Pizza is arguably America’s most varied and beloved dish, one whose devotees are some of the most opinionated, and yet it remains one of the most accessible foods there is. Even the country’s most expensive and esteemed pizza temple is within reach of the average person’s budget. Every red-blooded American grew up with his or her preferred regional style of this national fascination, knowing it as the definitive best. Today, there’s better pizza, more knowledge about it, and interest in it everywhere. That accessibility and loyalty makes for some tremendously spirited debate.
Considering the passion pizza inspires, responsibly declaring America’s Best Pizza can be challenging. But The Daily Meal doesn't shy away from the challenge. For our third annual pizza ranking, we again sought the nation's best pies and slices, considering more places than ever in our quest for the best. We researched and added 275 more pizzas and recruited a group of 30 more experts to weigh in than for our 2013 list. Some 700 pizza spots were considered by 78 panelists, comprising The Daily Meal’s in-house pizza experts and city editors, American chefs, restaurant critics, bloggers, writers, and pizza authorities. We compiled the data, and although there could only be one winner, there is plenty of seriously good pizza being made across America, including in St. Louis.
There are styles of pizza so particular to the area in which they originated that many outsiders will forever struggle to comprehend the reason for their existence. For New Yorkers that’s Chicago deep-dish, for late-night host Jimmy Kimmel, apparently that’s St. Louis-style. In an interview with St. Louis native and Mad Men star Jon Hamm on Jimmy Kimmel Live!, he told Hamm that Imo's was a "terrible, terrible pizza place." Hamm defended the pizza, noting that the middle slice is the best one, and saying you could "taste the Gateway Arch" and its 11 World Series titles in an Imo’s slice (square cut, of course), going so far as to say he’d take Imo’s over Kimmel’s own. If you haven’t tasted it for yourself, you’ll need to before weighing in. While its thin and unleavened crackery crust is almost like one you’ll find in a bar pie, it’s generally known to be a bit sweeter than typical bar pies, and meant to act as a vehicle for the unique cheese topping that makes St. Louis style unlike any other slice you’ll have ever tried.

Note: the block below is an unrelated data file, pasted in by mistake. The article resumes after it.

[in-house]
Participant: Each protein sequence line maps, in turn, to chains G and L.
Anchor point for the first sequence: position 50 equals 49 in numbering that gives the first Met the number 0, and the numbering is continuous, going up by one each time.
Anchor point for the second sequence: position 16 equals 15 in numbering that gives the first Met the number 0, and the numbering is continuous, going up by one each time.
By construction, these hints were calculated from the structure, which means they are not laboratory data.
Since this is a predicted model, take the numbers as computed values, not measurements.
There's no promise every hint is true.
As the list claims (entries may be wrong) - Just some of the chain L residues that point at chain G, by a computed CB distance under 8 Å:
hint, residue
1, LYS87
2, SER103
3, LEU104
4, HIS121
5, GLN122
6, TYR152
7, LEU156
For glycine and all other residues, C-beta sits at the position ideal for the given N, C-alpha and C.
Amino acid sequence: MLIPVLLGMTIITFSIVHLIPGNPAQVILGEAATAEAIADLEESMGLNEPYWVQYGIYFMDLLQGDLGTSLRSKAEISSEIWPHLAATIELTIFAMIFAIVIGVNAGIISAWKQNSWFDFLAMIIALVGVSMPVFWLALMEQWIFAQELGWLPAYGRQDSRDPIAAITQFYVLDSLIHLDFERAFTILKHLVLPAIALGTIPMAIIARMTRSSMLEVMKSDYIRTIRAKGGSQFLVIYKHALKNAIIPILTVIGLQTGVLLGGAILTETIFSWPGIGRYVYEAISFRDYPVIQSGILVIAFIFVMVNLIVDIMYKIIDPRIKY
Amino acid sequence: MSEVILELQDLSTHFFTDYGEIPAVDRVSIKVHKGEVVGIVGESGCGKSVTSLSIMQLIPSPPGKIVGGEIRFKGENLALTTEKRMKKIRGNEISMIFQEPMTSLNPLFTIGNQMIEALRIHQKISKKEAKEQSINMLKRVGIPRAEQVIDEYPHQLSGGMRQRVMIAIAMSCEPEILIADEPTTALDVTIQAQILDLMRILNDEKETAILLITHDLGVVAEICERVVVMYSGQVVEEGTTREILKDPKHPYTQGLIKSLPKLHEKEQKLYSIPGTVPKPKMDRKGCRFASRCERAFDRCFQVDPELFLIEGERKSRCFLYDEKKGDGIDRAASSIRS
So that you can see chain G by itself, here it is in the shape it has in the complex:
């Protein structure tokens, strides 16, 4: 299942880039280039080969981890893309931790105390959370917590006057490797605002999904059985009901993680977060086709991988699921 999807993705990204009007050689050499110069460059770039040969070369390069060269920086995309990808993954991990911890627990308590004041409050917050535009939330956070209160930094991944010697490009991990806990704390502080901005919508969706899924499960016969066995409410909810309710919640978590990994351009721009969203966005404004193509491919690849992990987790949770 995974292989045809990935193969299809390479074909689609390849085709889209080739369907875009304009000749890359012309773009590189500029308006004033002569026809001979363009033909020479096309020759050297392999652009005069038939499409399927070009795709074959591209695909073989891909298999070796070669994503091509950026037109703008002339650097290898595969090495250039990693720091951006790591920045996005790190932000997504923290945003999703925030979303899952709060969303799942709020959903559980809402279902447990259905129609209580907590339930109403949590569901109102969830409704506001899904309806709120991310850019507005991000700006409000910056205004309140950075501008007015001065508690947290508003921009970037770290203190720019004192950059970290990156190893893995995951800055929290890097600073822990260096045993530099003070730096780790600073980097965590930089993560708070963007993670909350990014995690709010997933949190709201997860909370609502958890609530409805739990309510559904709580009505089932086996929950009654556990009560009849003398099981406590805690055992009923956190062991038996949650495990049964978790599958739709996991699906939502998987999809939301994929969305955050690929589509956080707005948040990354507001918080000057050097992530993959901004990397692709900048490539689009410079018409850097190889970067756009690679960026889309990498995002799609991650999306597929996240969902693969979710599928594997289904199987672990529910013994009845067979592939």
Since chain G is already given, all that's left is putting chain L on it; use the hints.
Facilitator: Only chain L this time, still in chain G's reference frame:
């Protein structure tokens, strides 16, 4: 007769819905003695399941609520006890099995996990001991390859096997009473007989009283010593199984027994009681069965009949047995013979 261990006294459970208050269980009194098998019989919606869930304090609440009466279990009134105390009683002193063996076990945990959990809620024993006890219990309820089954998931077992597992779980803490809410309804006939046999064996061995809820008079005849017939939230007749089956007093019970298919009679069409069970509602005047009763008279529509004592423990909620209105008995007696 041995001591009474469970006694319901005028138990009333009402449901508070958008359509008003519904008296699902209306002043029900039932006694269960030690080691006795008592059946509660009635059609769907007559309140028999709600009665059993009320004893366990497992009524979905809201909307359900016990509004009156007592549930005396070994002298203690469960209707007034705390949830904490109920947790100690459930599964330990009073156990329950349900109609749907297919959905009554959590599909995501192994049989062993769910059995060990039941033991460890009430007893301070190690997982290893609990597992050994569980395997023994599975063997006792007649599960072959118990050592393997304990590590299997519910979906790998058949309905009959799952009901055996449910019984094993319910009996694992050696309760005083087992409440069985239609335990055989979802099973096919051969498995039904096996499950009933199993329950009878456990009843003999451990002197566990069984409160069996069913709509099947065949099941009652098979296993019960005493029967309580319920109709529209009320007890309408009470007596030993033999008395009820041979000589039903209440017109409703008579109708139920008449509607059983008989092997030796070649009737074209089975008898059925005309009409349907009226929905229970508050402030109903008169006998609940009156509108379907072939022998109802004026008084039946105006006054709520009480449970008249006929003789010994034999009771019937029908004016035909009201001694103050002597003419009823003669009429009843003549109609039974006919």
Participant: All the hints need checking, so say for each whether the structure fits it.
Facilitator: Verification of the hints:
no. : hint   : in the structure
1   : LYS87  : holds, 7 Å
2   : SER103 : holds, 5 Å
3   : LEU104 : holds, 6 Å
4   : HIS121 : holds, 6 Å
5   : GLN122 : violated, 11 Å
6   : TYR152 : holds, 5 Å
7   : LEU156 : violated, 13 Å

Maligned (and often unknown) outside St. Louis and beloved by residents of the city, the key to St. Louis-style pizza is Provel, a white processed cheese said to be a combination of Cheddar, Swiss, and provolone invented in the city’s Italian neighborhood shortly after World War II. Just as you’ll hear differing opinions about who exactly invented Provel, the origin of the style is also debated. Imo’s is widely credited, but Farotto’s, which is said to have opened in 1956, eight years before Ed and Margie Imo opened Imo’s, has its own claim. Whichever story you choose to believe, you can’t deny one thing: Imo’s, with its more than 90 locations, has popularized a unique, love-it-or-hate-it pie you have to try at least once. Menus vary because each store is independently owned, but the Deluxe should be pretty easy to find, and is a good place to start: sausage, mushrooms, onions, green peppers, bacon, and of course, Provel.